A New Metric for Promoting Cardiovascular Health: Life’s Essential 8 : Journal of Cardiovascular Nursing

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DEPARTMENTS: Progress in Prevention

A New Metric for Promoting Cardiovascular Health: Life’s Essential 8

Hayman, Laura L. MSN, PhD, FAAN, FAHA, FPCNA; Martyn-Nemeth, Pamela PhD, RN, FAHA, FAAN

Author Information
The Journal of Cardiovascular Nursing: 11/12 2022 - Volume 37 - Issue 6 - p 509-511
doi: 10.1097/JCN.0000000000000946

In 2010, the American Heart Association (AHA) expanded its focus from illness to wellness and issued a definition of cardiovascular health (CVH) with the goal of promoting improvements on both an individual and population level.1 This initial definition of CVH was based on 7 potentially modifiable health factors and behaviors that, when optimal, were associated with greater cardiovascular disease (CVD)–free survival, longevity, and higher quality of life. Deemed “Life’s Simple 7”, the 7 components of CVH included indicators of diet quality, participation in physical activity, cigarette smoking, measures of body mass index, and total cholesterol, fasting blood glucose, and blood pressure levels. Based on accepted clinical thresholds for children and adults, each metric was classified as poor (0), intermediate (1), or ideal (2). An overall summary score indicated the CVH status of the unit of assessment (individuals or populations) that could range from 0 (all metrics at poor levels) to 14 (all 7 metrics at ideal levels).1

Since the publication of that 2010 AHA statement, substantial research has focused on assessing and quantifying CVH across the life course of individuals and diverse populations, nationally and globally. Taken together, the evidence generated from clinical and population-based studies has advanced the science of life course CVH and supported the importance of both primordial and primary prevention. Most recently, an AHA Presidential Advisory updated and enhanced the construct of CVH to reflect evidence generated in the past decade as well methodological limitations noted in Life’s Simple 7.2 Labeled “Life’s Essential 8” (LE8), the 7 components of CVH were retained with some modifications (described below). Sleep health was added based on emerging evidence regarding its importance in promoting CVH across the life course, and foundational factors for CVH, including social determinants of health (SDOH) and psychological well-being, were emphasized as important contexts for CVH.2

Updated Definitions and Assessment of Cardiovascular Health Metrics

Life’s Essential 8 includes the 8 components of CVH: healthy diet, participation in physical activity, avoidance of nicotine, healthy sleep, healthy weight, and healthy levels of blood lipids, blood glucose, and blood pressure.2 Several of the original 7 metrics have been redefined based on available evidence and clinical guidelines, as well as emergence of better measurement tools:

Diet: The LE8 writing group supported the goal of pursuing the Dietary Approaches to Stop Hypertension and Mediterranean-style eating patterns as being most consistent with optimal CVH. In so doing, it was recognized that there is no one such eating pattern and limited tools for assessing alignment with these eating patterns. The Dietary Approaches to Stop Hypertension–style pattern is more easily assessed at the population level; a rapid dietary assessment tool, the modified Mediterranean Eating Pattern for Americans is recommended for assessment at the individual level. The Healthy Eating Index was suggested as a means for aligning and linking these assessments when needed.3 Important to emphasize is that this new approach to assessing diet in both clinical and research settings is focused on individuals’ eating patterns and intake of whole food, rather than nutrients. Recommended approaches for scoring of the diet metric are included in Supplementary Materials, https://links.lww.com/JCN/A179.4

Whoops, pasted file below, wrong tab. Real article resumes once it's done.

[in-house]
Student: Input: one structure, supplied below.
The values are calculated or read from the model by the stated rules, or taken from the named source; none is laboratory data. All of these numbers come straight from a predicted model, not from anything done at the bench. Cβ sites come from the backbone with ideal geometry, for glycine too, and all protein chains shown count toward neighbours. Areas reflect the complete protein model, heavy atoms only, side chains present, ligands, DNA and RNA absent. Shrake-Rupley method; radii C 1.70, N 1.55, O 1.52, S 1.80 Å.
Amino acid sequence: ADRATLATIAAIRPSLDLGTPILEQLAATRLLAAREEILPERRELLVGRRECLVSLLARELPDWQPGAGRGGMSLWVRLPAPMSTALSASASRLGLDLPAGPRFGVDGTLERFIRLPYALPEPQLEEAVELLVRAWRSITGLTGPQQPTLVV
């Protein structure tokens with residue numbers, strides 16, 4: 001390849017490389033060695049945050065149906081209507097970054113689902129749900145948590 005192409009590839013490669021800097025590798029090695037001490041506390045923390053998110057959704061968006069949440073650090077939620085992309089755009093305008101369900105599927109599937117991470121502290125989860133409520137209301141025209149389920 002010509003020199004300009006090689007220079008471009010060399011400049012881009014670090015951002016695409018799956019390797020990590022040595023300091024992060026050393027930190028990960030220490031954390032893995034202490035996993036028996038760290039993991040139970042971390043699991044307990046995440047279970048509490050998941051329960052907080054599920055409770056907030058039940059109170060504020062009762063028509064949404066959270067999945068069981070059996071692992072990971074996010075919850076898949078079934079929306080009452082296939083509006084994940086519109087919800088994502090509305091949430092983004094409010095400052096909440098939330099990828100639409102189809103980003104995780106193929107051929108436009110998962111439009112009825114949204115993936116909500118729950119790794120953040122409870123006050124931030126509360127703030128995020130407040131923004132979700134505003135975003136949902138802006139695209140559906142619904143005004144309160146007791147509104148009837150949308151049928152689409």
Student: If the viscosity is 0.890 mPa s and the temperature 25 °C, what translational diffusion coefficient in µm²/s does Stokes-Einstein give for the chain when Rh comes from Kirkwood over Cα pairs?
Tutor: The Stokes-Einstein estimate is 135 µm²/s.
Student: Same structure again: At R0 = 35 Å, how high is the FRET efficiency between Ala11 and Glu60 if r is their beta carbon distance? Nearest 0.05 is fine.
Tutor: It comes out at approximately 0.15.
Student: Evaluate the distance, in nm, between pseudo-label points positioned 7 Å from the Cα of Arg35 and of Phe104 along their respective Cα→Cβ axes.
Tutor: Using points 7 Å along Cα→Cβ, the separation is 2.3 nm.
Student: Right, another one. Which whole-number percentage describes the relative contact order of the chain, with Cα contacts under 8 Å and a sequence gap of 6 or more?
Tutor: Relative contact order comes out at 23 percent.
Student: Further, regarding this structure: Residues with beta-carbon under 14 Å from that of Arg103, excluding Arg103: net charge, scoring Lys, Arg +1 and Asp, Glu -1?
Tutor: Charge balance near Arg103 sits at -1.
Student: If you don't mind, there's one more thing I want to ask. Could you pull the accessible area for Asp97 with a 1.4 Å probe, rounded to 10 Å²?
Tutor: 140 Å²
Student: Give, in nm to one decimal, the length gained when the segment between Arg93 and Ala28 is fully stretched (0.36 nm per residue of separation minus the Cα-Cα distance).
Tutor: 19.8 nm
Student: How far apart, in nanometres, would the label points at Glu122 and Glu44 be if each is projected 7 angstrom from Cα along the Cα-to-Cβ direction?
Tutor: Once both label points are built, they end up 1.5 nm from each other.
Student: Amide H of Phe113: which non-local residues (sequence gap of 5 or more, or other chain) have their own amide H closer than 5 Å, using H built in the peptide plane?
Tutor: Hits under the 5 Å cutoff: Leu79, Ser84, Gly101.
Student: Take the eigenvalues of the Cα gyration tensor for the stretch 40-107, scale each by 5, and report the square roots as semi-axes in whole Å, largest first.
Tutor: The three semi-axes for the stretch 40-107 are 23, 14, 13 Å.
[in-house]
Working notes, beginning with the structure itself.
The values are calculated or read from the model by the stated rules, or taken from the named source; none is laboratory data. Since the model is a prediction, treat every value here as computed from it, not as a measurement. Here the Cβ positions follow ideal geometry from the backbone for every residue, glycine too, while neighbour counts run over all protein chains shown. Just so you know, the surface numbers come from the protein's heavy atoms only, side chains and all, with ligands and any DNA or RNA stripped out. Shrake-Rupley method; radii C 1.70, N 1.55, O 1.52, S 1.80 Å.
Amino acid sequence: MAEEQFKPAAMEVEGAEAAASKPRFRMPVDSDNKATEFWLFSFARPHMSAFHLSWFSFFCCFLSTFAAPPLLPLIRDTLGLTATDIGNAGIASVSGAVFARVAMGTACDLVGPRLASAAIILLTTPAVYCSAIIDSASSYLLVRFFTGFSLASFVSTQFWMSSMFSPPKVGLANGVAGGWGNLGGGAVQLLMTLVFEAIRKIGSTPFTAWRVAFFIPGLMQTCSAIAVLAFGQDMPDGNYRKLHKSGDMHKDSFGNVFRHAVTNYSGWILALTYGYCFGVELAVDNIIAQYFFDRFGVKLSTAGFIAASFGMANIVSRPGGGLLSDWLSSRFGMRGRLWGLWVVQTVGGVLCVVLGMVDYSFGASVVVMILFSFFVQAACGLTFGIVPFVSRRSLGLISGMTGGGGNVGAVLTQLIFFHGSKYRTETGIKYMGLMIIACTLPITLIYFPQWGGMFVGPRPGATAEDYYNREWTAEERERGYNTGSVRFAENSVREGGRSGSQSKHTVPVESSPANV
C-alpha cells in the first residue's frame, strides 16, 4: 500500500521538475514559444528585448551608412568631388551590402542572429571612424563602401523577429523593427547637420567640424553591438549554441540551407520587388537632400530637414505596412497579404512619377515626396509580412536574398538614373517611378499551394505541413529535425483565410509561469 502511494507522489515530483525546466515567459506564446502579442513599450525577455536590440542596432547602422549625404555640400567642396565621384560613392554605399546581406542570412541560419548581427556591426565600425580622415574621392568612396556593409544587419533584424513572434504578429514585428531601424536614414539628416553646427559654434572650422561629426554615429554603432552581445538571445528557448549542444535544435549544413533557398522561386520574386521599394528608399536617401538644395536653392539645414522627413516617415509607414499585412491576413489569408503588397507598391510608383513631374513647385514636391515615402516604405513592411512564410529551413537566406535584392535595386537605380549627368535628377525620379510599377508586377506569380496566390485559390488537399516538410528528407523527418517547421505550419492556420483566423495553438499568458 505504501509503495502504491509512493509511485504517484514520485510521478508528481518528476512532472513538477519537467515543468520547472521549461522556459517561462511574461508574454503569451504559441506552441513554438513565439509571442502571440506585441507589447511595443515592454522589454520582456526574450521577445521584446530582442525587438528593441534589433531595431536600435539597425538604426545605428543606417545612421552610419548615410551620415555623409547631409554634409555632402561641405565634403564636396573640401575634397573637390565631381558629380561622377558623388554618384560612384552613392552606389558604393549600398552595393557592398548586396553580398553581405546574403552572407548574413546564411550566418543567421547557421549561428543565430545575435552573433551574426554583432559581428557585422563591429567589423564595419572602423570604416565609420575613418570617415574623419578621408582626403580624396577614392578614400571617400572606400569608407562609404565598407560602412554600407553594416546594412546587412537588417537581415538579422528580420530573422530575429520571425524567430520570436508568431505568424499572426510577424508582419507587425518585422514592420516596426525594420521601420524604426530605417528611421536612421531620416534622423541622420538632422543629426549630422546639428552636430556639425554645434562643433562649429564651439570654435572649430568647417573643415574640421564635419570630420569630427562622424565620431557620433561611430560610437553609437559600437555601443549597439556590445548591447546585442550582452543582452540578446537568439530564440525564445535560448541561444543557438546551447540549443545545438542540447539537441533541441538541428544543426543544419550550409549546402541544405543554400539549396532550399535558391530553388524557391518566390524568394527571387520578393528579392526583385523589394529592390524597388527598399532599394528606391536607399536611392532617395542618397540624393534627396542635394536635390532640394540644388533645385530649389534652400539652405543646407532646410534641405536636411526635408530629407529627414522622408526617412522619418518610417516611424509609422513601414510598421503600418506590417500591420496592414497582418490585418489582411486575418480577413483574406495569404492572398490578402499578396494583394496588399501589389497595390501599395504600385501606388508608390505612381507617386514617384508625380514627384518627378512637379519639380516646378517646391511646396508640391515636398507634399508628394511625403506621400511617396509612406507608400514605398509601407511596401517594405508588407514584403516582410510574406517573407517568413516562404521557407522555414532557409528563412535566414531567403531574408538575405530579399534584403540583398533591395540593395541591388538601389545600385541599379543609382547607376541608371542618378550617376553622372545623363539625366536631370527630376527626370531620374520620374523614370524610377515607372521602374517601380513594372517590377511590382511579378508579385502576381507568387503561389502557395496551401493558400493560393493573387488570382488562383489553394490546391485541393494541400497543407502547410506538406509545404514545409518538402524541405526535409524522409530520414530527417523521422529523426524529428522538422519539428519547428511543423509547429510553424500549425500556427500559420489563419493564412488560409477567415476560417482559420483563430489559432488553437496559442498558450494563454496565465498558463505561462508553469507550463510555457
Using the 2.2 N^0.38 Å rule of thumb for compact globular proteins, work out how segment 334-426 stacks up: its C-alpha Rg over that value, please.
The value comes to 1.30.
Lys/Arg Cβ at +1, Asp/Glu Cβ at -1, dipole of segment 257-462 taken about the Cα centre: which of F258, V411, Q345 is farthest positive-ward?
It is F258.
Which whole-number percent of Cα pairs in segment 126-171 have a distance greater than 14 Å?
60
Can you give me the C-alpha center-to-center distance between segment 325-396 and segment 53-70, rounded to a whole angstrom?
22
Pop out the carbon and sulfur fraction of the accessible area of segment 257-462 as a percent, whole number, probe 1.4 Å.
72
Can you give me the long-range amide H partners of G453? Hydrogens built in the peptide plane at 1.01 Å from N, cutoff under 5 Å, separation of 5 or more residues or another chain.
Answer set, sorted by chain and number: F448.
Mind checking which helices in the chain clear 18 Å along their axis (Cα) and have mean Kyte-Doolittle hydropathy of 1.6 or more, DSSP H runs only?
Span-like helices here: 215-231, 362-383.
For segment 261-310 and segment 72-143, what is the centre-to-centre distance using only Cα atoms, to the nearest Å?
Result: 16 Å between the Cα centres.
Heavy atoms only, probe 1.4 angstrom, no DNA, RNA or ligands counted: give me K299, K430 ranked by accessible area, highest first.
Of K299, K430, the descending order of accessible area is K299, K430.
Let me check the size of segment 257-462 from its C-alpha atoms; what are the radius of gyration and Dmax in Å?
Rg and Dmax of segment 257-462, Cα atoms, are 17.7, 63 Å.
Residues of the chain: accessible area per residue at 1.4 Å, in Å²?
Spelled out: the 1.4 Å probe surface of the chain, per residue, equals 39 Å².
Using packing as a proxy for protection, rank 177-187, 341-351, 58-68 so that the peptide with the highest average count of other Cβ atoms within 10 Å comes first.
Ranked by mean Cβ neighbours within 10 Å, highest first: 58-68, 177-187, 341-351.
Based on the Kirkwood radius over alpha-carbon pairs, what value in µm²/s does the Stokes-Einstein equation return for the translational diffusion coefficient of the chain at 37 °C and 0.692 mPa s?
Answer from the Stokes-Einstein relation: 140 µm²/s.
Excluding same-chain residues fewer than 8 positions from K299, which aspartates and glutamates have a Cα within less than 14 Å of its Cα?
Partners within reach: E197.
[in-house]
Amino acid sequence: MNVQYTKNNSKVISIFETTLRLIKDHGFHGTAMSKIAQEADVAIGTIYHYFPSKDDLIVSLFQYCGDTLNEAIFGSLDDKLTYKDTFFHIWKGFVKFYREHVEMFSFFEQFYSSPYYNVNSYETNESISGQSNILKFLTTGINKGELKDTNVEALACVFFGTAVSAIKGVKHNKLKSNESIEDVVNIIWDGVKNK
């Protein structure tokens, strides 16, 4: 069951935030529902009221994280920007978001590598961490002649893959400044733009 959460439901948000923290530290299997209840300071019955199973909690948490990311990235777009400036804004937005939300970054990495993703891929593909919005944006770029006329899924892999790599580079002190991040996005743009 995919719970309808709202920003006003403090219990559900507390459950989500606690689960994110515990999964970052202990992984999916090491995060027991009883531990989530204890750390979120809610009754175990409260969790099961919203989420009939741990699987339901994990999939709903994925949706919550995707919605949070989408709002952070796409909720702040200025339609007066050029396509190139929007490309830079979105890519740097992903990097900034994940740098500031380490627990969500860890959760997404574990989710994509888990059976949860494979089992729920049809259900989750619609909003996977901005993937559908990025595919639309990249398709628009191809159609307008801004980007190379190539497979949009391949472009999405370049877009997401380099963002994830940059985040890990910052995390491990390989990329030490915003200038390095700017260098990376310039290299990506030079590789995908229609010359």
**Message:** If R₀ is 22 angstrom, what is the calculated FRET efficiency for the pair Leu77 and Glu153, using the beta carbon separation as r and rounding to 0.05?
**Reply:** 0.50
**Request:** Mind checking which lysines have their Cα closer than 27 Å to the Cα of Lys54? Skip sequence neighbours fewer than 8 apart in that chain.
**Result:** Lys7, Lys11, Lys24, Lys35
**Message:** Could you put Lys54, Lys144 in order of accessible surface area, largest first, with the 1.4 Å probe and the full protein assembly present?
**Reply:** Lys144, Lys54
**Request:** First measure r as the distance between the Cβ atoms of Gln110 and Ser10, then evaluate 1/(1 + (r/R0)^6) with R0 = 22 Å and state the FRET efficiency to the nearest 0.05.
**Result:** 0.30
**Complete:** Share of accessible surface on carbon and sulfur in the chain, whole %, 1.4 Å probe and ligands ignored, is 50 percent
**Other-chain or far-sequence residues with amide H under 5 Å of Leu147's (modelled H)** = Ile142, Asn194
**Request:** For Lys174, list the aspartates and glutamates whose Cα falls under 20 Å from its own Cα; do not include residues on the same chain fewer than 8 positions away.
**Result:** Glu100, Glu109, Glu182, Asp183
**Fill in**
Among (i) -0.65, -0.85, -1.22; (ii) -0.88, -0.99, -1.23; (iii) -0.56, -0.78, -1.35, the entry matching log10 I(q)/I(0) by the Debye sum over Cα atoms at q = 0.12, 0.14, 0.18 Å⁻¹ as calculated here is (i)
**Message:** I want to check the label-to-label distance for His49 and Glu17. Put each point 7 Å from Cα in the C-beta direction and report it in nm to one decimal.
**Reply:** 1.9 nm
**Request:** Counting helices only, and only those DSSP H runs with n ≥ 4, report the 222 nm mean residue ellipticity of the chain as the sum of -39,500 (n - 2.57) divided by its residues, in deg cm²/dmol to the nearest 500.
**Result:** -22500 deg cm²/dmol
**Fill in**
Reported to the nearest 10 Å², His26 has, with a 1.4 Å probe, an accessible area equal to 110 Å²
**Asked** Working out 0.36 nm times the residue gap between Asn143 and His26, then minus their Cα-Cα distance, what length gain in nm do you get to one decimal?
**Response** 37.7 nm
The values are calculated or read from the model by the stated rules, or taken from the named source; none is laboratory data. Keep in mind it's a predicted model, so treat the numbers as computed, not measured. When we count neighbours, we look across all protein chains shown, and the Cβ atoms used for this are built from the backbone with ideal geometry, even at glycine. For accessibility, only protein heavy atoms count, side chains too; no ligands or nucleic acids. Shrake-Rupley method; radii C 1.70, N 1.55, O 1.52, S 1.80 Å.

Nicotine exposure: Reflecting both adult and childhood use of inhaled nicotine-delivery systems (vaping devices, e-cigarettes) and implications for long-term health, this has been added to the LE8 metric. Secondhand smoke exposure, known to have adverse effects on cardiovascular and overall health, has also been added.5

Blood lipids: Because it can be measured in the nonfasting state and reliably calculated in individuals, non–high-density lipoprotein cholesterol is recommended as a metric instead of total cholesterol. Additional rationale in support of non–high-density lipoprotein cholesterol is evidence demonstrating associations of other atherogenic lipoprotein fractions, not captured in measuring total cholesterol, and adverse cardiovascular outcome across the life course.

Blood glucose: Included in this metric is measurement of hemoglobin A1c for individuals with or without diabetes; among individuals with diabetes, hemoglobin A1c is a better indicator of glycemic control than blood glucose levels.

Sleep health: With the endorsement of sleep as a component of cardiovascular health, the LE8 writing group recommended systematic assessment and inclusion of sleep duration as current method for capturing sleep health.

In assessing and quantifying each of the original metrics (Life’s Simple 7), responsiveness to interindividual variation and intraindividual change was evaluated. As such, each metric in LE8 has a new scoring algorithm ranging from 1 to 100 points, resulting in a new composite cardiovascular health score that also varies from 0 to 100. Of note, childhood metrics were updated in LE8 to reflect current evidence-based pediatric guidelines as well as to extend to younger ages and provide better alignment with transitions to adulthood. Detailed in the Supplementary Materials (https://links.lww.com/JCN/A179) are approaches to quantifying CVH in young children.4

The Foundational Context of Cardiovascular Health: Social Determinants of Health and Psychological Health and Well-Being